Abe, Merkel take stand against protectionism
The two leaders aim to wrap up an economic partnership agreement soon
RIEKO MIKI and RYOHEI YASOSHIMA, Nikkei staff writers
HANNOVER, Germany -- The Japanese and German leaders doubled down on their support for free trade at a summit here Monday as they struggled to stem the rising tide of protectionism fueled by American policy under President Donald Trump.
In the face of an inward-looking U.S. and the British vote to leave the European Union, the meeting took on a different tone from the past 13 meetings between Japanese Prime Minister Shinzo Abe and German Chancellor Angela Merkel. As the two longest-serving incumbent leaders in the Group of Seven economies, they hold the key to uniting the bloc and the larger Group of 20.
Economic matters were their biggest focus. Trump, under his "America first" doctrine, is taking a step back from free trade. He decided to withdraw from the Trans-Pacific Partnership trade agreement, planning instead to strike bilateral trade deals with Japan and other countries. Trump is also looking to renegotiate the North American Free Trade Agreement.
The free trade mechanisms advanced by the G-7 and the G-20 could become a dead letter if the U.S. continues down its protectionist path. At the behest of the U.S., G-20 finance ministers and central bankers dropped their usual promise to resist "all forms of protectionism" in a statement Saturday after their latest meeting.
On Monday, Abe and Merkel shared their concern over the rise of protectionism. "Japan and Europe must work with the U.S. and raise high the flag of free trade," the Japanese leader said in a joint news conference after the meeting.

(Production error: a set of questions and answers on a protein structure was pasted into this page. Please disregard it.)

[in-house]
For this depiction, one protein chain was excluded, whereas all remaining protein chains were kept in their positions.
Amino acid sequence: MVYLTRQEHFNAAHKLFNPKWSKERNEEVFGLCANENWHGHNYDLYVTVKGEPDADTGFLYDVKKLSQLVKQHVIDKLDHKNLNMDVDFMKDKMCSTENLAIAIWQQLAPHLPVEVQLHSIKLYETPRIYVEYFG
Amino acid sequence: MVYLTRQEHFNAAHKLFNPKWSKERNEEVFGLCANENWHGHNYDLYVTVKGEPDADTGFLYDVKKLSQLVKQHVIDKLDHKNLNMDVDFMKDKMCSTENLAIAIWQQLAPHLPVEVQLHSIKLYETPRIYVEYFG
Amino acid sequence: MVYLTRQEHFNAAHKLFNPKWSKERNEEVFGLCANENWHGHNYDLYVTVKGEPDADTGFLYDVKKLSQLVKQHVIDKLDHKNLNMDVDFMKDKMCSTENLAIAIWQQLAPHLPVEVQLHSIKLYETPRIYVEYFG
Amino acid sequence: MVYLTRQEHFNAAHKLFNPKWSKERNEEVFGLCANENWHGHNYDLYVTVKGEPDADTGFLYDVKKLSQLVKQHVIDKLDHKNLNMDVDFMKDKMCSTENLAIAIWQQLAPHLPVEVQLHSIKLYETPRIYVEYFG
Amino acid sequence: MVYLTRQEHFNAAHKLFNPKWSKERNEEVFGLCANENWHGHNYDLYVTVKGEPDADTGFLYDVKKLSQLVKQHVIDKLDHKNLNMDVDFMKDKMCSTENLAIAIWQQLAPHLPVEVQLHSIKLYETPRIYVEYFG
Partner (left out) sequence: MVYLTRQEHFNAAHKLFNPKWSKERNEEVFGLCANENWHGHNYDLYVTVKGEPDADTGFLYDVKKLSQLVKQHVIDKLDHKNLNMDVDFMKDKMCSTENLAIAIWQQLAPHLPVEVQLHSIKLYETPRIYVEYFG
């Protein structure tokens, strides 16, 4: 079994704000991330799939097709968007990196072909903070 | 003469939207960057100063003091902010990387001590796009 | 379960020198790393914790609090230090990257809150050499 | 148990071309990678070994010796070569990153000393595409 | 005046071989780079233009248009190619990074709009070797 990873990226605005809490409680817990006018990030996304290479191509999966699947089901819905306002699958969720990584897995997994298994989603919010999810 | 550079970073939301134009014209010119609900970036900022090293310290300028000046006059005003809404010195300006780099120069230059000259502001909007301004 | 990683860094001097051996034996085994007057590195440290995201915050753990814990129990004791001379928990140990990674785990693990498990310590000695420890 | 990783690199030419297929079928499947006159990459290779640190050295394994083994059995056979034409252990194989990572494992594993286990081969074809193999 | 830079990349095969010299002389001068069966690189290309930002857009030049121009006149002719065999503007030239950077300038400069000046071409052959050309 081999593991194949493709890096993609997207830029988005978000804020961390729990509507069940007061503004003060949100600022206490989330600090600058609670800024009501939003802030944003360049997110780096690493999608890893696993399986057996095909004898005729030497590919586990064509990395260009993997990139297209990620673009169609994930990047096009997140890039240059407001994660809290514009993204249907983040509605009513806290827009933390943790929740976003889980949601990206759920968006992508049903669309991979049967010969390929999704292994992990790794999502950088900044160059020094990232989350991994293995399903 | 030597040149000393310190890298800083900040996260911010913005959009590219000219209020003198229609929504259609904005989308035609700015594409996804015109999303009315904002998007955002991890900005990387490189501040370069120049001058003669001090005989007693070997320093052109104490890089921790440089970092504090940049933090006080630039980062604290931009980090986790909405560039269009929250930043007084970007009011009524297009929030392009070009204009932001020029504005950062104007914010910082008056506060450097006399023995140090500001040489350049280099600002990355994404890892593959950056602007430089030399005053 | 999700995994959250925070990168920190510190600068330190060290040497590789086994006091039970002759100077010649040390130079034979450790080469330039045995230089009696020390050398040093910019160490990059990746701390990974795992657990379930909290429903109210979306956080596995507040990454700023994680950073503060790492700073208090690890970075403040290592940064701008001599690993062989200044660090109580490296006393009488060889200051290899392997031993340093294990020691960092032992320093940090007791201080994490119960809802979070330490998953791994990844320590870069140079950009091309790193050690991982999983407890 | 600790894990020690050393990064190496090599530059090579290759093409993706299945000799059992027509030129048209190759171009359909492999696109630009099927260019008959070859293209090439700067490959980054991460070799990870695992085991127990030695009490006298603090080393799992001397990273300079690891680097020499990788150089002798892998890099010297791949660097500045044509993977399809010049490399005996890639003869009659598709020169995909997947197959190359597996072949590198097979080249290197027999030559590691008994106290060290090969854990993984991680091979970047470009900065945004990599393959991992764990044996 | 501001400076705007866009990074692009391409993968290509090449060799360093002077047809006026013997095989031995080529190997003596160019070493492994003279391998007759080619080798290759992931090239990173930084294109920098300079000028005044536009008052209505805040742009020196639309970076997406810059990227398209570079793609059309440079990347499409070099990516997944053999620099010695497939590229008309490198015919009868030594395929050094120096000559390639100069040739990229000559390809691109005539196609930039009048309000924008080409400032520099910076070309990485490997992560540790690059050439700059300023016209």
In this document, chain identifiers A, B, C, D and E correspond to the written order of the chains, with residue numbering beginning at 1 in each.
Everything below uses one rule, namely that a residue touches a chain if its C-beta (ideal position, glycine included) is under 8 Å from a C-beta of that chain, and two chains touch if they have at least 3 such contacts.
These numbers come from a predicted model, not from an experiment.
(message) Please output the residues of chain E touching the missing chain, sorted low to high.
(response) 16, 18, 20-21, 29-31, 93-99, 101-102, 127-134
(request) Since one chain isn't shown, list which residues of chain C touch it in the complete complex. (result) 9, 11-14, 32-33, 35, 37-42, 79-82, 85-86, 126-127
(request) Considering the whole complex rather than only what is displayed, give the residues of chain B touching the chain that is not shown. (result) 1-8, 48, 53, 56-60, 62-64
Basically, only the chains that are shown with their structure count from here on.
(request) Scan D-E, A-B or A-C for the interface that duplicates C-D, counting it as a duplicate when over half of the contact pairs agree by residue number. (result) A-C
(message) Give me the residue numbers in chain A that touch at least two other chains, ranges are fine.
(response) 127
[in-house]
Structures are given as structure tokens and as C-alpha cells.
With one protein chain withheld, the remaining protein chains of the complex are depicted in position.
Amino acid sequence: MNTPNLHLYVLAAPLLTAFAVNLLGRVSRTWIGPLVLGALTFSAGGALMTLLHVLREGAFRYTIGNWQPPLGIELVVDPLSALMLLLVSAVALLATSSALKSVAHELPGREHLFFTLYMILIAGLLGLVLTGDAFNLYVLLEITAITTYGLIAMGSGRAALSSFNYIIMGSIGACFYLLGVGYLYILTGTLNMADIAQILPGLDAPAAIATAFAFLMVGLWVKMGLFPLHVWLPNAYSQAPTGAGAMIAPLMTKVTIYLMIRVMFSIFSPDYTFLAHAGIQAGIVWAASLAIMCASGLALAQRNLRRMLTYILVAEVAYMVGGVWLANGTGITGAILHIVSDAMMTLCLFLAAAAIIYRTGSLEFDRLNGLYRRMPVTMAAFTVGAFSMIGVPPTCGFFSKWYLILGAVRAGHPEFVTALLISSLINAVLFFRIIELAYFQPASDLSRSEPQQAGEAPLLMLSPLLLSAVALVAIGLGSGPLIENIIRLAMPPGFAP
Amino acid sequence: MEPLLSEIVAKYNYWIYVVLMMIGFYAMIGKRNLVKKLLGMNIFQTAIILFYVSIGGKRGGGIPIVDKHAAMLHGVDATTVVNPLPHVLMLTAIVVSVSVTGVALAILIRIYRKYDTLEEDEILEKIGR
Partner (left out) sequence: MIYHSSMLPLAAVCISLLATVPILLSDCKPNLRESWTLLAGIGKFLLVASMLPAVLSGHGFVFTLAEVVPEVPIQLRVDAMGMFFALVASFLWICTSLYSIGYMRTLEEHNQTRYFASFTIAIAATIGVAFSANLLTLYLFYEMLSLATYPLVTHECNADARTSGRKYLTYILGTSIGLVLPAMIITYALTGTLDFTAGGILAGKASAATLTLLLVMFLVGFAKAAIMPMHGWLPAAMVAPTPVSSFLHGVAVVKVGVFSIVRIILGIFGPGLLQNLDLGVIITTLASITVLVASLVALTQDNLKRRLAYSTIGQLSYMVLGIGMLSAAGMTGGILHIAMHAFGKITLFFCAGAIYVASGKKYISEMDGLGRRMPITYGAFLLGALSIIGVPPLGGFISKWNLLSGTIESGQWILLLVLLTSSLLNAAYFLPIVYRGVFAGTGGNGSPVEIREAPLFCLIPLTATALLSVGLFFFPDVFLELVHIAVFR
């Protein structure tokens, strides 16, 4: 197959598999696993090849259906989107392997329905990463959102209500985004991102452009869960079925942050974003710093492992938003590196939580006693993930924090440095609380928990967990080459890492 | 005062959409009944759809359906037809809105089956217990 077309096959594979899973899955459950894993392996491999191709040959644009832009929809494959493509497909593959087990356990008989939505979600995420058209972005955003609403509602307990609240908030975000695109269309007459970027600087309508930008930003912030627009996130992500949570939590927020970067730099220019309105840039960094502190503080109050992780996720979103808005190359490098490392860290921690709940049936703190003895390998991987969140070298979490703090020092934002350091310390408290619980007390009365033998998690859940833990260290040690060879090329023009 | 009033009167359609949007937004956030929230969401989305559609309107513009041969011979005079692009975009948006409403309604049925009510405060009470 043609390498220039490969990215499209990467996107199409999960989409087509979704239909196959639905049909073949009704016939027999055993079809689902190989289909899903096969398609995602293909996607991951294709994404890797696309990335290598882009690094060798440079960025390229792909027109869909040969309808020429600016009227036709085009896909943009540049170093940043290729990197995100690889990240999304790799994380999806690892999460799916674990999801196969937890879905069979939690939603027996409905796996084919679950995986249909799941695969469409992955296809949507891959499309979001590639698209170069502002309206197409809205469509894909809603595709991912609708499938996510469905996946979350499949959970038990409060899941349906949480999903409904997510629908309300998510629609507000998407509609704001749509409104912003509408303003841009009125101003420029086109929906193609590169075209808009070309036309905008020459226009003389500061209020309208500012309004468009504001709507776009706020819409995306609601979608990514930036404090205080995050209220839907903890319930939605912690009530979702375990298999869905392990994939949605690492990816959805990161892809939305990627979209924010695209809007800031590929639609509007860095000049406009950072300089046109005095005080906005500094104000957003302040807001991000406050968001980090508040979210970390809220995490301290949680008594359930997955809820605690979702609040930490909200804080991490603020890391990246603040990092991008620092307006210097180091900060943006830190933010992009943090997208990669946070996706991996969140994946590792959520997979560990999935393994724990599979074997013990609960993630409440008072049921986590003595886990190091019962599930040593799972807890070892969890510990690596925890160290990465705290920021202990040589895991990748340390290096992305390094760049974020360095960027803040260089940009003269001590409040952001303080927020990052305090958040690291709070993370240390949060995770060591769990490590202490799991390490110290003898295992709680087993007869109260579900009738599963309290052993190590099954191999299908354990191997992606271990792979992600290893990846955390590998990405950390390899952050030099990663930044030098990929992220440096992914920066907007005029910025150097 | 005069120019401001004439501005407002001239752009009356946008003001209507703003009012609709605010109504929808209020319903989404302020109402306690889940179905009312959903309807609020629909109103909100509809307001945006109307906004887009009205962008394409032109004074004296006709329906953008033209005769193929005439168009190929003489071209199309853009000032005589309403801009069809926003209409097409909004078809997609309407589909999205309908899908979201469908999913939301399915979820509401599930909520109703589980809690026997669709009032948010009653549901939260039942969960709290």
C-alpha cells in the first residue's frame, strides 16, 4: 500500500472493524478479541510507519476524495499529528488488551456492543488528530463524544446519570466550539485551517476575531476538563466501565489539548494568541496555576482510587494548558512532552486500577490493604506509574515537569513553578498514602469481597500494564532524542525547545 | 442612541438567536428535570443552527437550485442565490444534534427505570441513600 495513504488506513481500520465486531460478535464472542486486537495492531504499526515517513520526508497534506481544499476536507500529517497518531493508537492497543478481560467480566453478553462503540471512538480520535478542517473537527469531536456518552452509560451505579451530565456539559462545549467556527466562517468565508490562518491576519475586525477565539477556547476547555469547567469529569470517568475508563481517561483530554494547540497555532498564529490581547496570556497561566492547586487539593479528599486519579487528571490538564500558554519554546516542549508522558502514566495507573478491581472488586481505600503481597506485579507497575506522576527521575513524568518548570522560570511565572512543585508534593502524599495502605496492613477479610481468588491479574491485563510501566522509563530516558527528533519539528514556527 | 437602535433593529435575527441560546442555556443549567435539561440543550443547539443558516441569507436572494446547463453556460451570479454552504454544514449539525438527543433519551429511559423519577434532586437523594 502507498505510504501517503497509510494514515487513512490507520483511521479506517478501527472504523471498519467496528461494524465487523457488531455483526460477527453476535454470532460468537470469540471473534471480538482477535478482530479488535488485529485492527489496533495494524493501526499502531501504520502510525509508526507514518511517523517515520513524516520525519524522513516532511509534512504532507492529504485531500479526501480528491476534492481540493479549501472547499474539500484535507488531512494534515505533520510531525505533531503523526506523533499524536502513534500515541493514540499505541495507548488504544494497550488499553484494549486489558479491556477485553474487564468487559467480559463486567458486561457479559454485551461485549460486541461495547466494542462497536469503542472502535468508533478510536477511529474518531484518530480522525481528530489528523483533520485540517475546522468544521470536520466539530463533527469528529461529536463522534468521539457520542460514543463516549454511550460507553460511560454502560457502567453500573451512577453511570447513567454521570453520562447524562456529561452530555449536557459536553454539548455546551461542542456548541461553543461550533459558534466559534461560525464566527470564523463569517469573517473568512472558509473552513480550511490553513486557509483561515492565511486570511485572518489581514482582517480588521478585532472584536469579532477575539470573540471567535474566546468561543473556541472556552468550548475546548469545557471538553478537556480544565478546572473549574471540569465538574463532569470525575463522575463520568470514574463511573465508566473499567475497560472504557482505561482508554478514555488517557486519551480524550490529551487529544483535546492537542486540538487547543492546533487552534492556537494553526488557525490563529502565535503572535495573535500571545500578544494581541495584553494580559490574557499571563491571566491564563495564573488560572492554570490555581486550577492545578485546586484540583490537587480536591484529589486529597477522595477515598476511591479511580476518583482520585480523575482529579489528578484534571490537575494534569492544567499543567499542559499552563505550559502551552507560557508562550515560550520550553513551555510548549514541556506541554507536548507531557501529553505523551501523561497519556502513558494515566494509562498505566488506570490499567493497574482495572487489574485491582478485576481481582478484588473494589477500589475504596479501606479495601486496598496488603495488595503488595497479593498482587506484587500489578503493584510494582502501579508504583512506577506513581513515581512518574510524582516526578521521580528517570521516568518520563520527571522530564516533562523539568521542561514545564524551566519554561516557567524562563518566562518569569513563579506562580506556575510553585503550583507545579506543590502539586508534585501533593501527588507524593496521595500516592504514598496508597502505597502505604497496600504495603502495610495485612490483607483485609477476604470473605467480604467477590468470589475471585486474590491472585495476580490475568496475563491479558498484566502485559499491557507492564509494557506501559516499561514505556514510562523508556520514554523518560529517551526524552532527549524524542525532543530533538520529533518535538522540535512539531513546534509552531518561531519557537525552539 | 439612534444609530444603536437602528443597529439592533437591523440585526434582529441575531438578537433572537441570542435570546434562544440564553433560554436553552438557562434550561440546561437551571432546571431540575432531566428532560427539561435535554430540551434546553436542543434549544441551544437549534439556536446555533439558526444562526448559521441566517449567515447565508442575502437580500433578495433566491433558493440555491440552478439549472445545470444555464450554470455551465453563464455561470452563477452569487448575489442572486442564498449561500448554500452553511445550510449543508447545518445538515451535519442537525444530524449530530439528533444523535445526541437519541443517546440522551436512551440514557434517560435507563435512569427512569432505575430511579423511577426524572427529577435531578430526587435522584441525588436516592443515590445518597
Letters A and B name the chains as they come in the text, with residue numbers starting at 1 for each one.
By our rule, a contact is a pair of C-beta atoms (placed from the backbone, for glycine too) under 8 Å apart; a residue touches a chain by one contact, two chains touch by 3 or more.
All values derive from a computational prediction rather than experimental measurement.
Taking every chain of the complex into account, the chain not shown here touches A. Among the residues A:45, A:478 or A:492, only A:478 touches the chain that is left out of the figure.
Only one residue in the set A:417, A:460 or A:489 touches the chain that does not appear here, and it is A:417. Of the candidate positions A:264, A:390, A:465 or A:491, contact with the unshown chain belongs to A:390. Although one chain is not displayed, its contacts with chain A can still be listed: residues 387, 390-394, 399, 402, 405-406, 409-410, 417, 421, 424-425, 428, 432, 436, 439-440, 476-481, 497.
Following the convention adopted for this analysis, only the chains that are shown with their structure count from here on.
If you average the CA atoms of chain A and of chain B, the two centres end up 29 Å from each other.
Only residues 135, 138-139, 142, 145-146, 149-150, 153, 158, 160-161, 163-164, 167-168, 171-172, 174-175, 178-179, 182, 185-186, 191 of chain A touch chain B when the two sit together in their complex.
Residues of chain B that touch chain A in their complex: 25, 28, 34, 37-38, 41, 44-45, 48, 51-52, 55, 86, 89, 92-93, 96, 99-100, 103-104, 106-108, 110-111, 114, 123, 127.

They agreed to aim for the timely conclusion of an economic partnership agreement, which will serve as a key test of economic cooperation. "An EPA between Japan and the EU will send a symbolic message to the world," Abe told reporters. While negotiations are nearly finished, the two sides remain divided in such areas as agricultural tariffs.
The countries also agreed to lead efforts on creating international standards for the "internet of things." Germany is one of the most influential countries in setting such standards. The deal could also help Japanese corporations make further inroads abroad.
"Chancellor Merkel and I agreed that a free and open global order is the foundation of peace and prosperity," Abe told reporters. Free trade is extremely important for both countries, Merkel said.
Trump was another topic of discussion. As Merkel pointed out in the news conference, the two leaders have different relationships with the U.S. president. Merkel and Trump traded barbs over the refugee crisis and immigration at a recent summit. Abe, on the other hand, is working to build rapport with Trump through such means as playing golf with him. Such efforts may highlight the rift between Europe and the U.S.
Trump does not want to isolate himself and wants fair trade, Merkel said. She pointed out that the G-7 summit in May will be a good opportunity to determine what this means for Germany and Japan. But the outlook is far from clear. Merkel simply said that any unresolved issues could be discussed at the G-20 summit in July and that the important thing is to continue a dialogue.
On security, the duo agreed that the threat from North Korea's continued nuclear and missile development has reached a new level. Cooperation on Pyongyang is necessary, since it poses a threat to Asia and beyond, Merkel said.